An Unlikely Bestseller
For Ralph Fertig, life is sweet. The previously unknown author recently reached number four on The Los Angeles Times Bestseller List after self-publishing Love and Liberation: When the Jews Tore Down the Ghetto Walls.
" I have a stack of beautifully written rejection letters from the traditional publishing houses," admits the author. "Reaching the LA Times bestseller list would not have been possible if it weren't for iUniverse. I was able to design a custom cover, retain control over the final content and distribute the book via fundamentally the same outlets as the traditional houses. Ultimately, I was able to get my book into the hands of the people and let them judge the quality of my work."
Fertig's precedent is one that is being carefully considered by novice writers and publishers alike. By removing the middleman between the content creator and reader, it acts to break down long-standing barriers with which most authors have traditionally contended. These are steps that include outside editing phases, marketing pitches and fitting the given product into a niche, rather than exploring arenas where a book might otherwise garner additional readership. Because Fertig was himself disappointed by the prospects of courting ever more publishers after an already disappointing history of rejection, he turned to iUniverse, an e-commerce publishing site, to navigate the project.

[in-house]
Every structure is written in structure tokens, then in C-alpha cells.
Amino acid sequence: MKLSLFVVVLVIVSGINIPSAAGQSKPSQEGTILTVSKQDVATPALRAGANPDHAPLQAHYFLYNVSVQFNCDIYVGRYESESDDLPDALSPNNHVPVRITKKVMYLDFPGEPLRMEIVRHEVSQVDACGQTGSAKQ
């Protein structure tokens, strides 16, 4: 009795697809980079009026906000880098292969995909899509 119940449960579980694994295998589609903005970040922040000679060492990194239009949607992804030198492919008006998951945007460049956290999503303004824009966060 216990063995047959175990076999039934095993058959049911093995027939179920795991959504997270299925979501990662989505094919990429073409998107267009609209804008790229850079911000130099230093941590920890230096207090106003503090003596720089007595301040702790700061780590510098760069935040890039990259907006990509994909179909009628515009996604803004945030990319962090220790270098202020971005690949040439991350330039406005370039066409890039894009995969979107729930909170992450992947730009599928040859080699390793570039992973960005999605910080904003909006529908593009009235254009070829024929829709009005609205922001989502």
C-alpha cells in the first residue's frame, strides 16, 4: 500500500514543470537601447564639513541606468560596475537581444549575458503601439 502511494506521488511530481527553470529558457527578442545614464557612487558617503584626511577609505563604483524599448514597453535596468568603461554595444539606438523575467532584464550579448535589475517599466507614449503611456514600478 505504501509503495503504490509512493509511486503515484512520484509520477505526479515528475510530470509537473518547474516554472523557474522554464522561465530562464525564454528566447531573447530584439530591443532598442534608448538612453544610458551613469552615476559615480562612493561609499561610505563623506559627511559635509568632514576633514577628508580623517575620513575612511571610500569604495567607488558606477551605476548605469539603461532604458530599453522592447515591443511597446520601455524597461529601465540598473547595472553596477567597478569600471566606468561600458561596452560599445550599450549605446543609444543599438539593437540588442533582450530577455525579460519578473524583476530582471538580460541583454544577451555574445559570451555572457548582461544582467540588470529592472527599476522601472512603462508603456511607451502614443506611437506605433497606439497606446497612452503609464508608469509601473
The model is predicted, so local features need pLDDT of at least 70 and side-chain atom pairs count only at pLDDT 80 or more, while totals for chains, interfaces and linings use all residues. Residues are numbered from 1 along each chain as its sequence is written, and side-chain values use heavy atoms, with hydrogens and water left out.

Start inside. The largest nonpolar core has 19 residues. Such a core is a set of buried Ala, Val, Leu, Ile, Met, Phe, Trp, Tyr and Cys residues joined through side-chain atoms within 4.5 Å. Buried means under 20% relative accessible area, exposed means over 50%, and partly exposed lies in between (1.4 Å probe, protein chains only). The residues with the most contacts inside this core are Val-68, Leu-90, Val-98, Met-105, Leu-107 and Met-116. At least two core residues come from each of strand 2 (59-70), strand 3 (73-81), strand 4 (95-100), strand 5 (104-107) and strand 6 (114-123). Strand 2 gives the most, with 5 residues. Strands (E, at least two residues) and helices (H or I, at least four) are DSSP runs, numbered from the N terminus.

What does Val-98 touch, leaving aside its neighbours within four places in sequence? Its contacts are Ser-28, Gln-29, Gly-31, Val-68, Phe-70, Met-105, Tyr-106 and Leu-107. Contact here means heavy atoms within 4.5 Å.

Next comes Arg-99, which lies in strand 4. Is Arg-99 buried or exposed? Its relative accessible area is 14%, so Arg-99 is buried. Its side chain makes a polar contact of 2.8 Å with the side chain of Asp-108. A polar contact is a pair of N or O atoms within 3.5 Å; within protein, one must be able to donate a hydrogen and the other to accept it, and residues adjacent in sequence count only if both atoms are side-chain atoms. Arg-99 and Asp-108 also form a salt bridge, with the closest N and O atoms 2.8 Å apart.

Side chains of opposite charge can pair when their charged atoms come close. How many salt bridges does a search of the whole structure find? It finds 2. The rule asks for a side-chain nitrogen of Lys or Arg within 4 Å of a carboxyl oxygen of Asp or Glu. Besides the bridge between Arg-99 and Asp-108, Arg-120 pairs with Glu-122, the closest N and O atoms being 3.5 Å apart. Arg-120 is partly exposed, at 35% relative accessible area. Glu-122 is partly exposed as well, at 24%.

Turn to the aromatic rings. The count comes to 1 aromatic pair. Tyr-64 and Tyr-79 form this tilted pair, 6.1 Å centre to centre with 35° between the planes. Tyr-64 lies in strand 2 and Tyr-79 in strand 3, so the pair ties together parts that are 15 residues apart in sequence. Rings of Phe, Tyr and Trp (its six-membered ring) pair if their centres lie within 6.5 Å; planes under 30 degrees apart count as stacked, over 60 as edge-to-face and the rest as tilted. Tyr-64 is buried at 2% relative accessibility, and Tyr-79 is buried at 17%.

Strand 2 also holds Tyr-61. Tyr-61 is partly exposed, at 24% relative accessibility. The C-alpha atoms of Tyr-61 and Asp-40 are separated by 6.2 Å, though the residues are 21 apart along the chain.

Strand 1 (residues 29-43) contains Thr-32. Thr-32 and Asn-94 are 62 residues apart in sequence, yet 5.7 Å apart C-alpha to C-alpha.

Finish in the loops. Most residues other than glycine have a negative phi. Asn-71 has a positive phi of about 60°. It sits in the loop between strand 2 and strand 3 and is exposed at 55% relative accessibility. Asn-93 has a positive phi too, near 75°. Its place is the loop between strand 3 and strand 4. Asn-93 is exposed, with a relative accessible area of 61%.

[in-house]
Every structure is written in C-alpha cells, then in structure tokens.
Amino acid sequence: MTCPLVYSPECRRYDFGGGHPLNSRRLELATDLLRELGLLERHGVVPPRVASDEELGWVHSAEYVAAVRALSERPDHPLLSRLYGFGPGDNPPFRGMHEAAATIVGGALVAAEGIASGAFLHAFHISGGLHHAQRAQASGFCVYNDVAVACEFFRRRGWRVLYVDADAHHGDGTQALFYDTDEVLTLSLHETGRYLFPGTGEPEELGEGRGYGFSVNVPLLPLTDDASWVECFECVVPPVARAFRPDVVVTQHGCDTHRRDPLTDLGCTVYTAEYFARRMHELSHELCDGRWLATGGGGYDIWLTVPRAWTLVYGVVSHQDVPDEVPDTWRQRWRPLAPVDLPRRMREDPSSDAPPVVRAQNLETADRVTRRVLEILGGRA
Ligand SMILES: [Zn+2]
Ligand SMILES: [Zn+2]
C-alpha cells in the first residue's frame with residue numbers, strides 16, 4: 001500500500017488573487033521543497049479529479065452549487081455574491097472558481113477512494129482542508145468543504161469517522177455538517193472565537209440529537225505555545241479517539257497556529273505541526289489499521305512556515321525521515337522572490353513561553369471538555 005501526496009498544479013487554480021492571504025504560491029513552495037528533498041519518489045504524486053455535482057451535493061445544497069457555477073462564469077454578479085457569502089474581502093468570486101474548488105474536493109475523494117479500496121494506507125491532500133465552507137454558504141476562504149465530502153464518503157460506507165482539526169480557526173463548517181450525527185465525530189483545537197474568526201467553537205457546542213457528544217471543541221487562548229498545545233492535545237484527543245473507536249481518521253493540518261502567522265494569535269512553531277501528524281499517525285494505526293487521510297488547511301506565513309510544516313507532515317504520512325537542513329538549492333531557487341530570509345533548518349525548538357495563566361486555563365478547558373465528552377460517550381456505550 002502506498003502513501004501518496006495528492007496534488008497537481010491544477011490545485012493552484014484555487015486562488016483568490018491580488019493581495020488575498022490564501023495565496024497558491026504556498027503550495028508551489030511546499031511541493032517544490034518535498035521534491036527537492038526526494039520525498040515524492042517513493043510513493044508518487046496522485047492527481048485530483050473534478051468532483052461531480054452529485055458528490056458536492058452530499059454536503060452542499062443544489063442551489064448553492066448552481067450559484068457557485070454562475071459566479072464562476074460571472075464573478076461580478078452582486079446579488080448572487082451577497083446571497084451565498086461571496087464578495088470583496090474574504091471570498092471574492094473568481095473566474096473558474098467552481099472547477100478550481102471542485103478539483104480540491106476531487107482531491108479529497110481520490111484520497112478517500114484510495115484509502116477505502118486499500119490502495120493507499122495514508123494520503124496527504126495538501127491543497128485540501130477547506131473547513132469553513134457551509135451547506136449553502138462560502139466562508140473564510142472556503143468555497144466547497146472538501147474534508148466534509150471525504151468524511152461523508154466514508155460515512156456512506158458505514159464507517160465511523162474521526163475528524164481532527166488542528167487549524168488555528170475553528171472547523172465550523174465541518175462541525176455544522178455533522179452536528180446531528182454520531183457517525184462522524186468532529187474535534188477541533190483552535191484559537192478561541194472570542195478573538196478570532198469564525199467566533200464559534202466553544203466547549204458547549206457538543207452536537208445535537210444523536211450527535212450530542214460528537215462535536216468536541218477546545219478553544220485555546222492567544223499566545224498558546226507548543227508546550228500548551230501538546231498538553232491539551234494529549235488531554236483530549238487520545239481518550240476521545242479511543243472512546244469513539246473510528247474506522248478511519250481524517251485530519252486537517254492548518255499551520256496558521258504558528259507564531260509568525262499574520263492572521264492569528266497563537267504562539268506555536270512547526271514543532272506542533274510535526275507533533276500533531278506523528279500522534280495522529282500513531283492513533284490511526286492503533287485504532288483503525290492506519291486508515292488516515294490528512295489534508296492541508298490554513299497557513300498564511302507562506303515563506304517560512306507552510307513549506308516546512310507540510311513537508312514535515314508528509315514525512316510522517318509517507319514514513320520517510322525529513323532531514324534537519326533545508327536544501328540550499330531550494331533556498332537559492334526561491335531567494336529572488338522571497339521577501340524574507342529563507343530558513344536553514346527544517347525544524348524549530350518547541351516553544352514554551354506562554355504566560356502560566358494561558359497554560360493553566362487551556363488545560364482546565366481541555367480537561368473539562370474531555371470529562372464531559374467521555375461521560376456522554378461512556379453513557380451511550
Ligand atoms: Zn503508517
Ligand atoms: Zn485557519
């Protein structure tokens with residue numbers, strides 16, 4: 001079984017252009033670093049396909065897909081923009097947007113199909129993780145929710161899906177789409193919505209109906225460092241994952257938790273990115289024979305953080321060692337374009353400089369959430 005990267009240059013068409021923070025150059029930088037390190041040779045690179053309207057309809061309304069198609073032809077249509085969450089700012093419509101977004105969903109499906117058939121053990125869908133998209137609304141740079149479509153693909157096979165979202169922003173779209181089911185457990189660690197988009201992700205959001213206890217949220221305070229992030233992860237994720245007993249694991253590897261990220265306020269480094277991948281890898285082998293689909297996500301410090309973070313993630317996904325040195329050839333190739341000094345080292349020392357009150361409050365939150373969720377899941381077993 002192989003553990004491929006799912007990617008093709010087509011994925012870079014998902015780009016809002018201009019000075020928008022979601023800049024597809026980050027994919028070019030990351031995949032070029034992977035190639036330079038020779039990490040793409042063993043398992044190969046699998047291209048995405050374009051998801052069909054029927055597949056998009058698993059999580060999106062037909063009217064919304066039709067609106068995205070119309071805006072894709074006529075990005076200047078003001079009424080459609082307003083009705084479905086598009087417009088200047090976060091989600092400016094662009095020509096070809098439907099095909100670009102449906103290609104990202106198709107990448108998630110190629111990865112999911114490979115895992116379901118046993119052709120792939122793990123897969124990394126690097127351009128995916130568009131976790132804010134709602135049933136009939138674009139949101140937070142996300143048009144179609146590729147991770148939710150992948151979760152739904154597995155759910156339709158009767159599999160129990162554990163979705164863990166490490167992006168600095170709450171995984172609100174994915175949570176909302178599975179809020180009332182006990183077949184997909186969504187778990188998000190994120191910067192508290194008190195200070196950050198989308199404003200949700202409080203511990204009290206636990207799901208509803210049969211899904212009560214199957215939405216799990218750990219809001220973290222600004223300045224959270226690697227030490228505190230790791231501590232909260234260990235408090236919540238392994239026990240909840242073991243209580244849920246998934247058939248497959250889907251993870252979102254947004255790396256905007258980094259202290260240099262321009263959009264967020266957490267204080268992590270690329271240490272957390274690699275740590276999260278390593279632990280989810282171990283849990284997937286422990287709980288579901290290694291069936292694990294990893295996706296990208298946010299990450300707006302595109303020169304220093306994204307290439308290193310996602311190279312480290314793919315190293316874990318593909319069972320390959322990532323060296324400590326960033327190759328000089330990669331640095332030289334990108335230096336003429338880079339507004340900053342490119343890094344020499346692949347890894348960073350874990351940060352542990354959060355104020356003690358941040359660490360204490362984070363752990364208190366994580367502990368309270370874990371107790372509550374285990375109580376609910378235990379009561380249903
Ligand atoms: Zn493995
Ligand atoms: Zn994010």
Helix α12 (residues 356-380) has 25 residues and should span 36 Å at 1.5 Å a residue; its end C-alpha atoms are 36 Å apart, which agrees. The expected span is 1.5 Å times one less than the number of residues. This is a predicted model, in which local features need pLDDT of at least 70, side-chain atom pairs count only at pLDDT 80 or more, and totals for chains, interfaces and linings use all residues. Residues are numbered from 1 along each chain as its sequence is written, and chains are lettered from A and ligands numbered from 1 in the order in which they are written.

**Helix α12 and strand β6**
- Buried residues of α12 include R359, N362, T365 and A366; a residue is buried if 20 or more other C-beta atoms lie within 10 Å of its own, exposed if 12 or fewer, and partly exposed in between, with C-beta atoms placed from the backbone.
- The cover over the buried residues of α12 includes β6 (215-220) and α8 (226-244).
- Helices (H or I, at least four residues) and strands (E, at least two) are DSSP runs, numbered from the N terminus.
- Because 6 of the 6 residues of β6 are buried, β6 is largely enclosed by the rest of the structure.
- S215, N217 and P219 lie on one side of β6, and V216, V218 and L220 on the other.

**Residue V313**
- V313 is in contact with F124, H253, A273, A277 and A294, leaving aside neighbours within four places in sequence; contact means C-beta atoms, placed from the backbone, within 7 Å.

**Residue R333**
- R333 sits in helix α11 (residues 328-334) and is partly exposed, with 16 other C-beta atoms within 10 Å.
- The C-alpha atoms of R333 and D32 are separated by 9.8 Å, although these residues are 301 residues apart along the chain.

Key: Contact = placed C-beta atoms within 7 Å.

iUniverse is the publishing technology provider that offered Fertig an immediate solution toward becoming a published author. With connections in the printing, digital and e-commerce markets, not only did the company handle the technicalities of book publishing and printing, but they were well-versed in how to distribute the end product from start to finish.
"The process is very easy," iUniverse author William Mize explains. "You submit a manuscript and then actually have a real, printed book with your name on it in your hands within weeks." Once published, the book is available for order in tens of thousands of bookstores and online retailers, such as Barnes & Noble and Amazon.com. Each book is printed on-demand as sales are generated, reducing the inventory costs typically associated with publishing first runs. On-demand printing also allows books to be printed and bound one at a time. iUniverse similarly gives authors control over their works, producing trade paperbacks derived from digital files the authors submit online or on disks. By printing and selling a record 500,000 books, which is more than double that of other self-publishing providers, the company reached a new milestone.